Having a client prep form can improve the value of your services.
When it comes to building a relationship with a new client, service providers and their new clients benefit from a bit of preparation.
That’s why I encourage business owners to create a client prep form for each type of service they offer.
After coaching women in a variety of service businesses, I’ve come to realize that creating a client prep form is not always an easy task.
I know that many of my business coaching clients experience frustration, overwhelm, and maybe even confusion when it comes to creating a prep form for their clients. And there are times, I’m sure when those feelings convince them to skip the prep form altogether. But---
Not having a client prep form can be a big mistake.
Four Reasons To Have A Client Prep Form
A client prep form is a key to ensuring that your clients are a good fit for you and that you know what direction to take as you work together.
This form may also be called an intake form or a service prep form.
1. A client prep form helps you and your client to feel like you’re not complete strangers.
Getting clear answers to specific questions can help you to build a great relationship with your clients.
Having that form ahead of time can help to make the whole process more comfortable.
2. It helps you understand your client.
When fully filled out, a client prep form explains your client’s motivations, their aspirations, and it can help you to understand what they’re looking for in your working relationship.
3. Your prep form helps you identify exactly where and how you can help your client.
Whether you see one area of opportunity or you see several, this completed form helps you to see just how you can help your client.
It can guide your discussions, and ultimately, I hope it makes it easier for your client to see all of the value you bring.
4. It helps you ensure that a potential client is a good long-term ideal client.
Often, clients who answer in short, simple sentences are the clients who are not easy to involve in your work.
They are often more difficult to work with because they don’t articulate things as clearly as someone who offers great detail, or those who offer just enough detail and trust the coach to help guide them.
Those clients who explain everything in great detail are likely to be tougher to keep focused, but those who give just the right amount of detail, focusing on exactly what you asked and answering nothing more.
Determining What to Include
in Your Client Prep Form
I believe there are seven types of questions that you should ask. These questions aim to gather answers that lead to different pieces of information that you can use to flesh out a plan for your clients. Here are the seven types of questions to ask, and their aims in asking.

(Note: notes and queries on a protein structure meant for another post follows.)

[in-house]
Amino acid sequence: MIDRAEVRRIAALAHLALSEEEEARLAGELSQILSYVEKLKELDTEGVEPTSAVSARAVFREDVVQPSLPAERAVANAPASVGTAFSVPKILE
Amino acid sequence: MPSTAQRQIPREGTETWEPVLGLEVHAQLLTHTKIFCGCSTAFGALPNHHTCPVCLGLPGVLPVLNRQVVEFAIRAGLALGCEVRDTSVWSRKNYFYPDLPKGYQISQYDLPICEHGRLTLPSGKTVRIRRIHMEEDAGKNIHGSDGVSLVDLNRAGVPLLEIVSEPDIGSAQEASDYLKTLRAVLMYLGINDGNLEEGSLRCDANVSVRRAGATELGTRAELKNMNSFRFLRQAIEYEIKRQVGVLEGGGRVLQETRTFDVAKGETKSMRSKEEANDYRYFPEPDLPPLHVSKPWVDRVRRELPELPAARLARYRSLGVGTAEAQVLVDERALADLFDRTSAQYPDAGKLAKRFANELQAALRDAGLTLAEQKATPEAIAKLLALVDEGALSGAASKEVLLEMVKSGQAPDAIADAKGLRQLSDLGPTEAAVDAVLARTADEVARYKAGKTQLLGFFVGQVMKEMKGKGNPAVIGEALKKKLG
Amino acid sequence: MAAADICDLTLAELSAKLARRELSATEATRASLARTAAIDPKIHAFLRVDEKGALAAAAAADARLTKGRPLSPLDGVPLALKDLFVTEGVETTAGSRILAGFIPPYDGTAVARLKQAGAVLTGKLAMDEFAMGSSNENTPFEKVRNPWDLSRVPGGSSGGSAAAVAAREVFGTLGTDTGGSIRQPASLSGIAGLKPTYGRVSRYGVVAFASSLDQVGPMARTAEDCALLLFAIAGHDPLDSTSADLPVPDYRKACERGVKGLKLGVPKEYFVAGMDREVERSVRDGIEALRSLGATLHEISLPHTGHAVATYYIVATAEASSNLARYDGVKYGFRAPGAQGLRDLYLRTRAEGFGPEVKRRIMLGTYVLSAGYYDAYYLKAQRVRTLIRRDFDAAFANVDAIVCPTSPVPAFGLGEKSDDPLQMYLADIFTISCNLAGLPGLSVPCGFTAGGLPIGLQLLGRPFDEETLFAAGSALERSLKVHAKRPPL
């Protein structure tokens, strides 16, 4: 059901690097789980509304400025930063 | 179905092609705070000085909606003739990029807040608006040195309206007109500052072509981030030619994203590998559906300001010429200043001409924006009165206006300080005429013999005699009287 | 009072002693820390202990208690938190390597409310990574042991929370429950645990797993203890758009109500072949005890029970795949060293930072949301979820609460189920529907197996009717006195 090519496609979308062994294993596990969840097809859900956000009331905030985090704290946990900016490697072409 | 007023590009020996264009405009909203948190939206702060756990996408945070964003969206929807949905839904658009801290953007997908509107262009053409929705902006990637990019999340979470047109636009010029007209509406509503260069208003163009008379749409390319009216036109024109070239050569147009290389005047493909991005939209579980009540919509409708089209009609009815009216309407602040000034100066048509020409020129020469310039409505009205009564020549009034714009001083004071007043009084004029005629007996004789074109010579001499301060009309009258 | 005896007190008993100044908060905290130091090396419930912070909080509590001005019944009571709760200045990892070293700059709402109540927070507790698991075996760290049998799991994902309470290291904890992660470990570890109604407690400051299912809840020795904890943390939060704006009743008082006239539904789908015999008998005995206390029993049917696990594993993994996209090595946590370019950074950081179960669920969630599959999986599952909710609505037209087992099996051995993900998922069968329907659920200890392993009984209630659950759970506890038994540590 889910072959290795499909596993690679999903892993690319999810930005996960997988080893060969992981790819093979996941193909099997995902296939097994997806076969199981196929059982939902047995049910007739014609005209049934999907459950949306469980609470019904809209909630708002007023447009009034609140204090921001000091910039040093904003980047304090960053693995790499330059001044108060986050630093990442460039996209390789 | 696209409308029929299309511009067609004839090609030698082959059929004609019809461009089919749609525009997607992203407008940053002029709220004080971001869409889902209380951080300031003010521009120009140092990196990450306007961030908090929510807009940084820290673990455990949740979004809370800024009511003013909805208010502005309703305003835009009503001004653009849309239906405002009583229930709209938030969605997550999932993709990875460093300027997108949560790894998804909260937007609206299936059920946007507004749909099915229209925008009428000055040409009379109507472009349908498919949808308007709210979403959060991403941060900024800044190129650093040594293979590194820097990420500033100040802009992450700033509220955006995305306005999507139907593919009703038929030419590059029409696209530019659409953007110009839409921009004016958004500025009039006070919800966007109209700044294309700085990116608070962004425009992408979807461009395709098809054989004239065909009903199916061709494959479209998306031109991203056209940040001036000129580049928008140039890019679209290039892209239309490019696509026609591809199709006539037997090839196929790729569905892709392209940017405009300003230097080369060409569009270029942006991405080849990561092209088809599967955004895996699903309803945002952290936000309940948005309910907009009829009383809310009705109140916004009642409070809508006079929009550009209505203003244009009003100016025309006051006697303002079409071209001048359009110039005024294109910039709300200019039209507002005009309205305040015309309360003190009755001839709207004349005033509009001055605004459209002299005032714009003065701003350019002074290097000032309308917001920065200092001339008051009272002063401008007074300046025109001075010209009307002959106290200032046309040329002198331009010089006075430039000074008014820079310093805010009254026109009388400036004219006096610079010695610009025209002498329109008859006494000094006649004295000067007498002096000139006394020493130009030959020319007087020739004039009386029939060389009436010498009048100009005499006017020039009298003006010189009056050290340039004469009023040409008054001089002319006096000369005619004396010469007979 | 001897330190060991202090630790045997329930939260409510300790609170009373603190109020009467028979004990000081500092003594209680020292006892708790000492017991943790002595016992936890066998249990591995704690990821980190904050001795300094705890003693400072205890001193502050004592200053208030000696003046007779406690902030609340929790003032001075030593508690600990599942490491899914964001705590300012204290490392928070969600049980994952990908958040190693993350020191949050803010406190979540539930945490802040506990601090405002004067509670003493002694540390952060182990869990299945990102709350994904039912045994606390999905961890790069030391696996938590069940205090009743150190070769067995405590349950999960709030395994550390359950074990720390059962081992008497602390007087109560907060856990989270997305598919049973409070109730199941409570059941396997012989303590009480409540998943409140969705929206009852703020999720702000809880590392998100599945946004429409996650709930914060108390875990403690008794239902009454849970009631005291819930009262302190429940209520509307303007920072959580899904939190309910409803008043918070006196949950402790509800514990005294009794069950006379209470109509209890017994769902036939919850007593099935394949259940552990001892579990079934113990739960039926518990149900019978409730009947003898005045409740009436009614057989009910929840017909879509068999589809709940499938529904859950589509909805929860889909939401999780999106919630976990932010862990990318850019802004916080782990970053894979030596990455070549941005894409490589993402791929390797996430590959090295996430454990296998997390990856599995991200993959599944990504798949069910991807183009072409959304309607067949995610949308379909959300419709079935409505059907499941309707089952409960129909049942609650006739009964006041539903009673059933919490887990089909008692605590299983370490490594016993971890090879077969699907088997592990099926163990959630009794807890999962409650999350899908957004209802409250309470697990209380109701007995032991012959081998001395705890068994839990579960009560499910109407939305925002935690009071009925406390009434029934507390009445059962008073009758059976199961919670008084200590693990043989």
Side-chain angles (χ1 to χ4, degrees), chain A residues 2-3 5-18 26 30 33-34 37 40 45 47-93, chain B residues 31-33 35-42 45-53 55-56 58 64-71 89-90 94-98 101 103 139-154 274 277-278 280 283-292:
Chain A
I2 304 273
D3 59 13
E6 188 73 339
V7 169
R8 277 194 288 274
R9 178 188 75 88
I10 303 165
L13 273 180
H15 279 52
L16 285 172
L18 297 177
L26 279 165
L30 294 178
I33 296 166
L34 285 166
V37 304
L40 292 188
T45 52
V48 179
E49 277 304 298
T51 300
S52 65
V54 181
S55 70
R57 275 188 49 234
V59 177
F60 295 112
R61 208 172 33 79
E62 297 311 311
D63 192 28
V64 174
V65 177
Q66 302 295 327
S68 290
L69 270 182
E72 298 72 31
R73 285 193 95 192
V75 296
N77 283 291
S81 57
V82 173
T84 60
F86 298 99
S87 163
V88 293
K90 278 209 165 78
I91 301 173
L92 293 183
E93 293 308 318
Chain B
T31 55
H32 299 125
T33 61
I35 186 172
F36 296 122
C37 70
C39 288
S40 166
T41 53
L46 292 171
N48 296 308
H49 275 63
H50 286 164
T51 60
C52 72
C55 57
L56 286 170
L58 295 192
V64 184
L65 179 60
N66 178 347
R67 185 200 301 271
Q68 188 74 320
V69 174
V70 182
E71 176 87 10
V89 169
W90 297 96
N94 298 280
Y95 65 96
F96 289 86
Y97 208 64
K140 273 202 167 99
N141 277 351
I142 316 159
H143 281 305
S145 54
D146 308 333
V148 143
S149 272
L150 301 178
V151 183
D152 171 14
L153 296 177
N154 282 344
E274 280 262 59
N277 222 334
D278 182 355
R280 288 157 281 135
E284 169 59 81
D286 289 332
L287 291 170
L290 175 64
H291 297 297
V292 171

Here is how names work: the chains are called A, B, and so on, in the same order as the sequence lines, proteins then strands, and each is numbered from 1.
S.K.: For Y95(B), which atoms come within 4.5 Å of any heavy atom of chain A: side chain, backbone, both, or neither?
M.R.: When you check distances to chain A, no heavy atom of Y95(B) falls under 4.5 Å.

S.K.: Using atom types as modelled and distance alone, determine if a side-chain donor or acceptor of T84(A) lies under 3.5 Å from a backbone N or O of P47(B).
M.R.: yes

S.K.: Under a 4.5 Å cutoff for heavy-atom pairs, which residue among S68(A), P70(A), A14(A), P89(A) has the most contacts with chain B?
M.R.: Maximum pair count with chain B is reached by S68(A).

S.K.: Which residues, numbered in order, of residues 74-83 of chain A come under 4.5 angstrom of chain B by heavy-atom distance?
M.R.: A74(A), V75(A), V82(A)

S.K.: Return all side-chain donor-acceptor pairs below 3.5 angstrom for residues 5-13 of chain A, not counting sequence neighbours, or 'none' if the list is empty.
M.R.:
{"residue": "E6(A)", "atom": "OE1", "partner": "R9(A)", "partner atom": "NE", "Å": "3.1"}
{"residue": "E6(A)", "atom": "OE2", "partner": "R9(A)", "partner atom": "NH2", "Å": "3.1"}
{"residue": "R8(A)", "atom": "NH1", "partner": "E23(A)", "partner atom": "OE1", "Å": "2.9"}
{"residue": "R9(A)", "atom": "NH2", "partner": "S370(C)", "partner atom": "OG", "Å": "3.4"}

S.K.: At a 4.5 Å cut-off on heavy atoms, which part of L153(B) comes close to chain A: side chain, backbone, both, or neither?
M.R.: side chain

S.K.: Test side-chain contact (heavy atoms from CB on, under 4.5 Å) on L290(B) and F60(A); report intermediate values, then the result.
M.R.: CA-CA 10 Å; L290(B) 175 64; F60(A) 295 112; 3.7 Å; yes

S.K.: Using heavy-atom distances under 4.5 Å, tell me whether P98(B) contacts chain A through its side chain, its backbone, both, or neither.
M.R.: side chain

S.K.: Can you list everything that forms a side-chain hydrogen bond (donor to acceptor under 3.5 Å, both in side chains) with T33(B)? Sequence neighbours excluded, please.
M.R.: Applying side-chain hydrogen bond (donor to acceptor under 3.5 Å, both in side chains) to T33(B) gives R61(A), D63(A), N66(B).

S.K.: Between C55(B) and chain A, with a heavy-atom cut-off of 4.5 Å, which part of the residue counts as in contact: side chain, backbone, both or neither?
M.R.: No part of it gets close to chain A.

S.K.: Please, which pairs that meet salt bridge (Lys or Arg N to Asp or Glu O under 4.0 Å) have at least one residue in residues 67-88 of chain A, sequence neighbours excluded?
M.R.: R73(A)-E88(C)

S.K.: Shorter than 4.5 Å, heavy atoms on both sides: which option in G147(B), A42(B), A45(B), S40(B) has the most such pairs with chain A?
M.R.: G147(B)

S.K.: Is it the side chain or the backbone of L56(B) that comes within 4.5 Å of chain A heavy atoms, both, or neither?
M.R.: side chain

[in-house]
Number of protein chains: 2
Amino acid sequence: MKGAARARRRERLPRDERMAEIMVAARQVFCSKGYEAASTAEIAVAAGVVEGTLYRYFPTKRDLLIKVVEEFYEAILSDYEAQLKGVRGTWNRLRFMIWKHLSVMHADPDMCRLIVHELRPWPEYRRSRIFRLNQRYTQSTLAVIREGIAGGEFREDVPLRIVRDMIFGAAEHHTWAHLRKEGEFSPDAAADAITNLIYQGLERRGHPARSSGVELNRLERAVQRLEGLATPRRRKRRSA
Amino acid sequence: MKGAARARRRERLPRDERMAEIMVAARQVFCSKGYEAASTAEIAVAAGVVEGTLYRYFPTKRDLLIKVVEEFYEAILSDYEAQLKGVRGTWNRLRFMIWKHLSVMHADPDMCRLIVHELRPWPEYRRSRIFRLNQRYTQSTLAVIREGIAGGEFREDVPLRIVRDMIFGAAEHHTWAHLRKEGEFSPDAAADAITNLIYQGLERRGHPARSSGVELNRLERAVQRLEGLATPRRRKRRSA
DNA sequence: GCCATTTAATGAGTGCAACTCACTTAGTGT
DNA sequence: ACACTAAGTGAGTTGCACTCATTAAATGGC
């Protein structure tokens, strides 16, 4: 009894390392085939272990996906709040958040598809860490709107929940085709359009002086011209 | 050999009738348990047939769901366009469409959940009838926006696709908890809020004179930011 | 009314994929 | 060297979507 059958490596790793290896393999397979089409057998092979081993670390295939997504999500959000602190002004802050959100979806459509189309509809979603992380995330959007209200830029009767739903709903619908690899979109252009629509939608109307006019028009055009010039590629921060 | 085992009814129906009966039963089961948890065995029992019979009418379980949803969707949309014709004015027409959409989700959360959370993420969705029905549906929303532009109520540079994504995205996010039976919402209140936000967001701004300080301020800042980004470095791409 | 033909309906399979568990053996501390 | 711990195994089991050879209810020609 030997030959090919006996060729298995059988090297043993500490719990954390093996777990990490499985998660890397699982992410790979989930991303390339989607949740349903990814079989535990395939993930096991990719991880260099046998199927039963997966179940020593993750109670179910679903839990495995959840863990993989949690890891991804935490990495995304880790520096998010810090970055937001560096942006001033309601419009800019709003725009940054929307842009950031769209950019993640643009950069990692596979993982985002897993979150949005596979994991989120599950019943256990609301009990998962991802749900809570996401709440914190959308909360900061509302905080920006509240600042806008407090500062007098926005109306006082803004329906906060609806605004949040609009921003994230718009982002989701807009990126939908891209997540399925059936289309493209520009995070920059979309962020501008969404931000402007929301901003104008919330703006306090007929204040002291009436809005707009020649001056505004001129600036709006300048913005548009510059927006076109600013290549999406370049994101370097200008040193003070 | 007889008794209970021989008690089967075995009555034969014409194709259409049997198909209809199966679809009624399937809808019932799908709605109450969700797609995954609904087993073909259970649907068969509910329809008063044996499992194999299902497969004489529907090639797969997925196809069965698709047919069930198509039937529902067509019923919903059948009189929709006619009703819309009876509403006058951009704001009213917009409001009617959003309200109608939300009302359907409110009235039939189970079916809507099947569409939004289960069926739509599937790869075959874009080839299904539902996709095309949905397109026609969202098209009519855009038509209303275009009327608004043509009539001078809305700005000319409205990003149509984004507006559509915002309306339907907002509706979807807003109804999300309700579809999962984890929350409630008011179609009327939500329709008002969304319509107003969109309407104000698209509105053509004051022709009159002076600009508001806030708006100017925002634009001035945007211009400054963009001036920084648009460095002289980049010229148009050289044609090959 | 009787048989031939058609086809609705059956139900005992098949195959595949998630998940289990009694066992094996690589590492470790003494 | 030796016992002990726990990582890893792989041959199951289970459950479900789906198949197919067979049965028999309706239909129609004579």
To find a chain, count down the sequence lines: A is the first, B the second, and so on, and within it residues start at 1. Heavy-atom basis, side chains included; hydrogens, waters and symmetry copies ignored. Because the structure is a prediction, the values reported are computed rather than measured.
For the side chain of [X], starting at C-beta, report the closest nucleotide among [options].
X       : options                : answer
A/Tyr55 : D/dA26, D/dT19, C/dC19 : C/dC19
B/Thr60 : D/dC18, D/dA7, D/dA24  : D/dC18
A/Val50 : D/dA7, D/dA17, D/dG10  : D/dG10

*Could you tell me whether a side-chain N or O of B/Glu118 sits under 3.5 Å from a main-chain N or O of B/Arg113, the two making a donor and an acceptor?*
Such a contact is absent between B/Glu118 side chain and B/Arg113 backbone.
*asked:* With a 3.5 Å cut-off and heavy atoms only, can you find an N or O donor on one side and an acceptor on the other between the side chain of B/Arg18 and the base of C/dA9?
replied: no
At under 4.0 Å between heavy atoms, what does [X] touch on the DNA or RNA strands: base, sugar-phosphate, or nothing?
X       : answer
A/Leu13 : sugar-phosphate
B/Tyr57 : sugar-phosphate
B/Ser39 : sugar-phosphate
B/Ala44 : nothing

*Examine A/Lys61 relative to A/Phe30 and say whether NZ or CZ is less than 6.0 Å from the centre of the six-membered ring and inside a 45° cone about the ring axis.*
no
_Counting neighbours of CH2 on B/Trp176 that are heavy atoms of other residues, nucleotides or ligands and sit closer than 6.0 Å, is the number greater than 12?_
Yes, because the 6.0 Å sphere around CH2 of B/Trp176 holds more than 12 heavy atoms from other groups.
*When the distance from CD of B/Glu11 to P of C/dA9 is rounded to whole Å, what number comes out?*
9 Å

7 Types of Questions to Ask
On Your Client Prep Form
1. Questions that identify a problem.
These are pretty straight forward. “What is your biggest struggle?” “Where do you get stuck?” The questions may be simple, but the answers often are not.
2. Questions that help gather needed info/data.
Good questions give you information to make sure you’re solving the right problem. Some of the questions that might fall into this category include the following: “What do you want to achieve in working with me?” “What are you doing now and what do you want to be doing? “How does getting stuck make you feel?” “What have you tried before and struggled with?”
3. Questions that point to the root cause.
Questions of this nature are likely to meet some resistance from many people. This is a very deep introspection and it can uncover things that feel unpleasant. “What do you think is the reason you struggle?”
4. Questions that generate solutions.
These questions are designed to reframe an issue and provide insights that could lead to solutions. They are pretty specific to each of your clients, based on your knowledge of their current situations. There aren’t really sample questions that I can share, but this article from Fast Company provides great reasons to try this.
5. Questions that support decision making.
Questions of this nature look at both sides of issues, if people choose to look that deeply. They can help a business owner to define what is truly important in their company, and what is best for their company, and for themselves. “What would happen if?” “What is acceptable progress?” “What is not acceptable?
6. Questions that create a potential implementation plan.
An implementation plan is almost as important as the questions that point to reasons someone might be struggling. Without a plan, people are less likely to move forward and take action. These are questions like “what would it take to reach the next level?”
7. Questions that propel your client into action.
There are questions that help to outline a plan forward,
and then there are those that actually inspire them to take that leap. These questions inspire and build off of the potential implementation plan. They make people excited.
Questions can be incredibly powerful.
They can help you know exactly how to help your clients; they can help you determine whether or not a potential client is right for you (and if you’re right for them).
For your clients, questions can help to uncover limiting beliefs that might be holding them back from success and progress.
Questions can also help your clients recognize paths forward in their businesses, no matter what business they are in.